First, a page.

Five seismic facies related to the evolution of subsea permafrost are documented using HRS data from the eastern Laptev Sea shelf. A prominent BR is interpreted as a top of acoustically identified permafrost. In places the topography of the BR bears resemblance with present-day onshore thermokarst terrain. Four seismic units inferred from the HRS data fit well with existing paleoenvironmental models for the region [11, 13, 24, 27, 44, 47, 48, 50, 57]. An acoustically semi-transparent unit at the base of the seismic sections may represent the pre-Karginian (most probably Muruktian–uppermost Kazanian) epigenetically and syngenetically frozen ice-poor sandy deposits. The latter are discordantly overlain by acoustically transparent deposits assigned as the Karginian–Sartanian ice-rich IC. The thermokarst depressions on the top of the IC are filled with lacustrine to lagoonal sediments concordantly overlain by well-stratified marine sequence.

The HRS data also revealed abundance of the gas seeps in the study area. Most of them mark the local permeable zones within the permafrost, which are most likely former thermokarst depressions (lakes/taliks). The “fuzzy”-facies of the gas seep anomalies are concentrated along the Lena and Yana paleoriver valleys and therefore may relate to river taliks.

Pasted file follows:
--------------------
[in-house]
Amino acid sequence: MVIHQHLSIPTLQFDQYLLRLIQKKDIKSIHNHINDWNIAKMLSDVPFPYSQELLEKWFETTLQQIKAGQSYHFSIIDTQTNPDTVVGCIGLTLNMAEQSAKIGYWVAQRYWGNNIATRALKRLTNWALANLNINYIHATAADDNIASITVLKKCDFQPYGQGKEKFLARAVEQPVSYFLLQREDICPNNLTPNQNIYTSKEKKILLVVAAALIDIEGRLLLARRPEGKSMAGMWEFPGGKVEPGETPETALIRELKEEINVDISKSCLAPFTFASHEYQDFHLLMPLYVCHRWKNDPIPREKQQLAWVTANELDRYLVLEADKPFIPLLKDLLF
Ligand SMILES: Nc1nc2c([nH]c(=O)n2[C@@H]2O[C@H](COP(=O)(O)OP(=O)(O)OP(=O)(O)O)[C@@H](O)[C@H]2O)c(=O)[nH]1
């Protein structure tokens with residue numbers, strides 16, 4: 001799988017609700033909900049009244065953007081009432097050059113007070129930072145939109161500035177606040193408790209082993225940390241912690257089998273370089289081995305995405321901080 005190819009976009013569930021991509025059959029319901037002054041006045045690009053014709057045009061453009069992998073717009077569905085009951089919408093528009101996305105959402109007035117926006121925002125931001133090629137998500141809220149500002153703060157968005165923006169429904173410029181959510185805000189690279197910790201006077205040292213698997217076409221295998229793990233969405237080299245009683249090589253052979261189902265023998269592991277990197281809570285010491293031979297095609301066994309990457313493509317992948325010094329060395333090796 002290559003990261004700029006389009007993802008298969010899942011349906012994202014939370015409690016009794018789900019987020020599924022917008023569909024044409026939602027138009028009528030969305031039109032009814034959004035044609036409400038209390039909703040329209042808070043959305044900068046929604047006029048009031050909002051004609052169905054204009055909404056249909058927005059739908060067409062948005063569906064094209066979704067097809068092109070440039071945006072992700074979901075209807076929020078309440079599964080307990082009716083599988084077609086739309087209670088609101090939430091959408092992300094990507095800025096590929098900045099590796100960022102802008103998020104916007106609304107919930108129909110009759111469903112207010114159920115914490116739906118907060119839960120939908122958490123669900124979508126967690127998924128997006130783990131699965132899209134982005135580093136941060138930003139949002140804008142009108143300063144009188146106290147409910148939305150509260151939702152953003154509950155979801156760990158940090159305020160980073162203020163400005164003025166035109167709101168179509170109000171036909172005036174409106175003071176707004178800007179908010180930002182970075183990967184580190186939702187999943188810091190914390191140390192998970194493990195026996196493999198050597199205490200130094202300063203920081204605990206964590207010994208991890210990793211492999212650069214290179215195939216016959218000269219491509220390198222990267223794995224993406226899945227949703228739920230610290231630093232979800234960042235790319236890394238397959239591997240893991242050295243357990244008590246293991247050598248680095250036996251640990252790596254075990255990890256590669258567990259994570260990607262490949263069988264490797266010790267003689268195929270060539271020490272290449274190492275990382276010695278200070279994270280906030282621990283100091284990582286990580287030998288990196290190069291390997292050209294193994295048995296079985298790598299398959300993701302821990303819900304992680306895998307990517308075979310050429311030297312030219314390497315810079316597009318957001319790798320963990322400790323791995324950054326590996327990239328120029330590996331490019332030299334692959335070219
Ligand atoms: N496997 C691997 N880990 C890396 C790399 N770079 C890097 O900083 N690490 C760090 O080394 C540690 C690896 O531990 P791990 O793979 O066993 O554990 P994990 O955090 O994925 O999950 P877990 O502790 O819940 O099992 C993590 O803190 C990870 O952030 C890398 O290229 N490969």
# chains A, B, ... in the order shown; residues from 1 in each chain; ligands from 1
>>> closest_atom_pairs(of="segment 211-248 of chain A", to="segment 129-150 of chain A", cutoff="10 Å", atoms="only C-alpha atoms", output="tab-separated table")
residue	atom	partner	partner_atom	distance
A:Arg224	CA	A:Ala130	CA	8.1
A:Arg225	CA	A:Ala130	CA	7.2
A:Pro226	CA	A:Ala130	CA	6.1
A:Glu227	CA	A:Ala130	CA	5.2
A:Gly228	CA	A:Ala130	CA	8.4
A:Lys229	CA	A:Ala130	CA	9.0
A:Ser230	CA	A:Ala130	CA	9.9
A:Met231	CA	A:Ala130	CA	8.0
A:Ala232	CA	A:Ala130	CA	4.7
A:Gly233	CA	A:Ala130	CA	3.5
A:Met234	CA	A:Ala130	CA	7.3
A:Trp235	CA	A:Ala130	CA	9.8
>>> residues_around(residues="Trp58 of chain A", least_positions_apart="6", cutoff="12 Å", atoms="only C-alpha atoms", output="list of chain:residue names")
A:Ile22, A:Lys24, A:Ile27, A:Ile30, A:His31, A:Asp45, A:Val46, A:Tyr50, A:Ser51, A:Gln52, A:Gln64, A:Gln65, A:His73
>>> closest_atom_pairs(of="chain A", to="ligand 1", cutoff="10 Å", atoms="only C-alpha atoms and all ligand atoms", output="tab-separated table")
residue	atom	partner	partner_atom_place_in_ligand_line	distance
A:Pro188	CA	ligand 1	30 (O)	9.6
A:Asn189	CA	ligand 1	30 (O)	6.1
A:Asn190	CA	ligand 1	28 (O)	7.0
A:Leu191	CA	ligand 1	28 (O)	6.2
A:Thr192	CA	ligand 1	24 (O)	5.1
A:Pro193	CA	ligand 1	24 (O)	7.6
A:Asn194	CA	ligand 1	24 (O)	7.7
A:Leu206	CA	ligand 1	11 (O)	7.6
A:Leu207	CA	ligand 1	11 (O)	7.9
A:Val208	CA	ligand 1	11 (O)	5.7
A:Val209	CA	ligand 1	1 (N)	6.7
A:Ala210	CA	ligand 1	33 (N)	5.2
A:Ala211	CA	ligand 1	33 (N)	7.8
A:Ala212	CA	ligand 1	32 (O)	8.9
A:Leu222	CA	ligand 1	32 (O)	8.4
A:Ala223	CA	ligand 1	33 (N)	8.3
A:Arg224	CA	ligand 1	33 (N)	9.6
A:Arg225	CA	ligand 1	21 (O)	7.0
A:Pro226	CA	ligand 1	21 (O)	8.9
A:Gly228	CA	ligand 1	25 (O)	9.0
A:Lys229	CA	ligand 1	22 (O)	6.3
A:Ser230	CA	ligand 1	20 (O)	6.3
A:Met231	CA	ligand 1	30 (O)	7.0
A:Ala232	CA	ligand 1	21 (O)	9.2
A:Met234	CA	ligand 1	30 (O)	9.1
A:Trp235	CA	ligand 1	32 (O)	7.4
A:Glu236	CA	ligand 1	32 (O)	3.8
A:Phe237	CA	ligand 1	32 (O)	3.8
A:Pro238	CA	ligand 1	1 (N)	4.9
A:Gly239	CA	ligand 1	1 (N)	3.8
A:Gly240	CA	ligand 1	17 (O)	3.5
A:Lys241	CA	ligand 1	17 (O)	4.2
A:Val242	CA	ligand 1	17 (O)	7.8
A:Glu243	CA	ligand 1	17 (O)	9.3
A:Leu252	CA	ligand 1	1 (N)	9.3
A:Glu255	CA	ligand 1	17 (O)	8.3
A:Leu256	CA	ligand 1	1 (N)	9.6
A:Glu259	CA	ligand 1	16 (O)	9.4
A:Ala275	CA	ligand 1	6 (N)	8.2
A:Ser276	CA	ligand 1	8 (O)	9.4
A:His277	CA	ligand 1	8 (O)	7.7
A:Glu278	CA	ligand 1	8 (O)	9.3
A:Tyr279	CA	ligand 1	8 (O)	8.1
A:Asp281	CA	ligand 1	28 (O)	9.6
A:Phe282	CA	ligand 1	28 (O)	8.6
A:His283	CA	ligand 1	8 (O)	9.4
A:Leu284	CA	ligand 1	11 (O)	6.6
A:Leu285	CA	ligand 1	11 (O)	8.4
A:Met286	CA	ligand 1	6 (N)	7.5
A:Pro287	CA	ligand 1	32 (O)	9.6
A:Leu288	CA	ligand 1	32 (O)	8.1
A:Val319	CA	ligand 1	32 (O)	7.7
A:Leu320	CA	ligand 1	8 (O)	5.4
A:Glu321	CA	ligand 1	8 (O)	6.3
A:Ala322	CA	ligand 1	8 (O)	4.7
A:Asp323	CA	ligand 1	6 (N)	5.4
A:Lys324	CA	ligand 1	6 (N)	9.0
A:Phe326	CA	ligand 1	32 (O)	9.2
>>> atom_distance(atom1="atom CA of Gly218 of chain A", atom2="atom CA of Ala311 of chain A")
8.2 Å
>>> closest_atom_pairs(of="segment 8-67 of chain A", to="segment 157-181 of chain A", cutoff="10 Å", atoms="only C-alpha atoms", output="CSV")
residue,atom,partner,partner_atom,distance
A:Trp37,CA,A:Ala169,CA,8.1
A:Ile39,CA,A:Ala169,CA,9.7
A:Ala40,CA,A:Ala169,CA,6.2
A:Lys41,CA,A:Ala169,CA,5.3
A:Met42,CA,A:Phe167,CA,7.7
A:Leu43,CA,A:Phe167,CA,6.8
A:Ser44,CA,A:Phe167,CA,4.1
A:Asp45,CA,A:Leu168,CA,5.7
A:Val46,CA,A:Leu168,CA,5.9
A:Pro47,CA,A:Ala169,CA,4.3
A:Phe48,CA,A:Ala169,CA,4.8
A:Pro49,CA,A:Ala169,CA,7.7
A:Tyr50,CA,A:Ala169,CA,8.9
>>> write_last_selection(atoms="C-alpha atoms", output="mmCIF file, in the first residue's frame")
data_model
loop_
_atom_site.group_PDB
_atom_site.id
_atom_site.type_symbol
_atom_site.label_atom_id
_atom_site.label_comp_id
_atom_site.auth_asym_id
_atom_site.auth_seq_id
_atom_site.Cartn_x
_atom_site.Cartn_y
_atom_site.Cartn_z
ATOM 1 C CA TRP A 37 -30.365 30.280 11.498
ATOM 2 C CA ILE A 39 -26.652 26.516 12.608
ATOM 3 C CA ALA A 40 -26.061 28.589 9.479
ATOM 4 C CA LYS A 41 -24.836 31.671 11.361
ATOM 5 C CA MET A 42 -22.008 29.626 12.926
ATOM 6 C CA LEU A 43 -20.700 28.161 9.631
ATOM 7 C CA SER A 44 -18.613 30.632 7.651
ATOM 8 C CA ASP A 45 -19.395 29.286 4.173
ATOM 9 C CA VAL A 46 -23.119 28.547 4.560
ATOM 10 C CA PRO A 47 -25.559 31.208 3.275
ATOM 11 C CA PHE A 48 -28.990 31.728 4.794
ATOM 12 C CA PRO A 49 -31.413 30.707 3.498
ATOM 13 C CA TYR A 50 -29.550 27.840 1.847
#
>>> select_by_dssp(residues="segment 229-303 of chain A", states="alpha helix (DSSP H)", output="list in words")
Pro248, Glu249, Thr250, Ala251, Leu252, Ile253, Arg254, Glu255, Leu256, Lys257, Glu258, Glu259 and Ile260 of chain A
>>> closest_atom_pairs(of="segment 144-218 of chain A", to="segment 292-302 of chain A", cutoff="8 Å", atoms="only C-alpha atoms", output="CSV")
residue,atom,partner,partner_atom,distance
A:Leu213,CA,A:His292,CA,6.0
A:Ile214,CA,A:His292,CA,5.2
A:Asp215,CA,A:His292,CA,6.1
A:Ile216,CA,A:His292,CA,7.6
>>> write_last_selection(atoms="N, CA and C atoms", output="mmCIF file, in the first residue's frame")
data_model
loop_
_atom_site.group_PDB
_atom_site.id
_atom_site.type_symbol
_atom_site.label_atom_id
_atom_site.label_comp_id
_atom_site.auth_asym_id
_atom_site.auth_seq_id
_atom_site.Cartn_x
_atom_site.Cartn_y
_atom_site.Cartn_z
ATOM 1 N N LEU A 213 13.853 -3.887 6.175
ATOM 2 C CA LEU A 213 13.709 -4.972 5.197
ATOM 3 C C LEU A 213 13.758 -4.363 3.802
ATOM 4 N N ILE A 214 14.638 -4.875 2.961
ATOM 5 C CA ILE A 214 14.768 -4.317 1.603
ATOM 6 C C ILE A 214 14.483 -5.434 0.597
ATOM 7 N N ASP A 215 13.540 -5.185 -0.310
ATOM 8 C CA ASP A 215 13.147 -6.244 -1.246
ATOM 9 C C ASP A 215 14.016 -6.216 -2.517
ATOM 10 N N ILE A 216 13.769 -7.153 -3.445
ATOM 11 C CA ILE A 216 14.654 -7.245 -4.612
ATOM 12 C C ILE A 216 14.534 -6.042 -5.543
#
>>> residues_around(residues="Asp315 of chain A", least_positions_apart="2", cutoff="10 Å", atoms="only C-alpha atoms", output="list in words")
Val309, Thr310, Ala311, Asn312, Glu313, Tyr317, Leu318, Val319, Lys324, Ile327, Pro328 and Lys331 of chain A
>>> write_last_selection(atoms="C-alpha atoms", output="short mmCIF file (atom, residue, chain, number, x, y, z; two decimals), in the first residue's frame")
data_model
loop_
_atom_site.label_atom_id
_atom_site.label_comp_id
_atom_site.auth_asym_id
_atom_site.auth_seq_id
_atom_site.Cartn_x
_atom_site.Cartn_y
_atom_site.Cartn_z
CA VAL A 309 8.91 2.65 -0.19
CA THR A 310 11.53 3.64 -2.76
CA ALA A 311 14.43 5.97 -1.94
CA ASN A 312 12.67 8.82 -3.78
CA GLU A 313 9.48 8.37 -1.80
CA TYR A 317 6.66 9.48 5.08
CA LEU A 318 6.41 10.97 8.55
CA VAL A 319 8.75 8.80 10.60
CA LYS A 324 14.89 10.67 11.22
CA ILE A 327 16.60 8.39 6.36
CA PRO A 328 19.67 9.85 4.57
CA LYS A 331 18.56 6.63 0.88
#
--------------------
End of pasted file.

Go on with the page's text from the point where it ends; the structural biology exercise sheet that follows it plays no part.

Our seismic data also would indicate that the thermokarst terrain is exposed on the seafloor in the central part of the Laptev Sea shelf. This may originate either from the persistent denudation of the upper sediments due to the uplift of the region, or from a more recent destruction of formerly frozen sandy islands similar to Semenovsky and Vasilievsky.



The research was carried under the Russian–German umbrella “Laptev Sea System” and within project “Permafrost” funded by the German Ministry of Education and Science (Grant 03G0589D), INTAS grant “Arctic environments: the protected areas of the Lena Delta and New Siberian islands—past and present development” (INTAS ref. 03-51-6682), Otto Schmidt Laboratory grant (OSL-06-20), and RFBR Grant 15-05-08497. The used software for interpretation of the seismic data (The Kingdom Suite 2d/3dPAK, version 8.2 by Seismic Micro-Technology, Inc, Texas, USA) was obtained as a University Gift Program grant. Comments by two reviewers help to improve the manuscript and are gratefully acknowledged.


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Copyright information

© Springer-Verlag Berlin Heidelberg 2015

Authors and Affiliations

  • P. Rekant
    • 1
    • 6
  • H. A. Bauch
    • 2
    • 5
  • T. Schwenk
    • 3
  • A. Portnov
    • 4
  • E. Gusev
    • 1
  • V. Spiess
    • 3
  • G. Cherkashov
    • 1
    • 7
  • H. Kassens
    • 5
  1. 1.VNIIOkeangeologiaSaint-PetersburgRussia
  2. 2.Mainz Academy c/o GEOMARKielGermany
  3. 3.University of BremenBremenGermany
  4. 4.CAGEUniversity of TromsøTromsøNorway
  5. 5.GEOMARKielGermany
  6. 6.VSEGEISaint-PetersburgRussia
  7. 7.Institute of Earth SciencesSt Petersburg State UniversitySaint-PetersburgRussia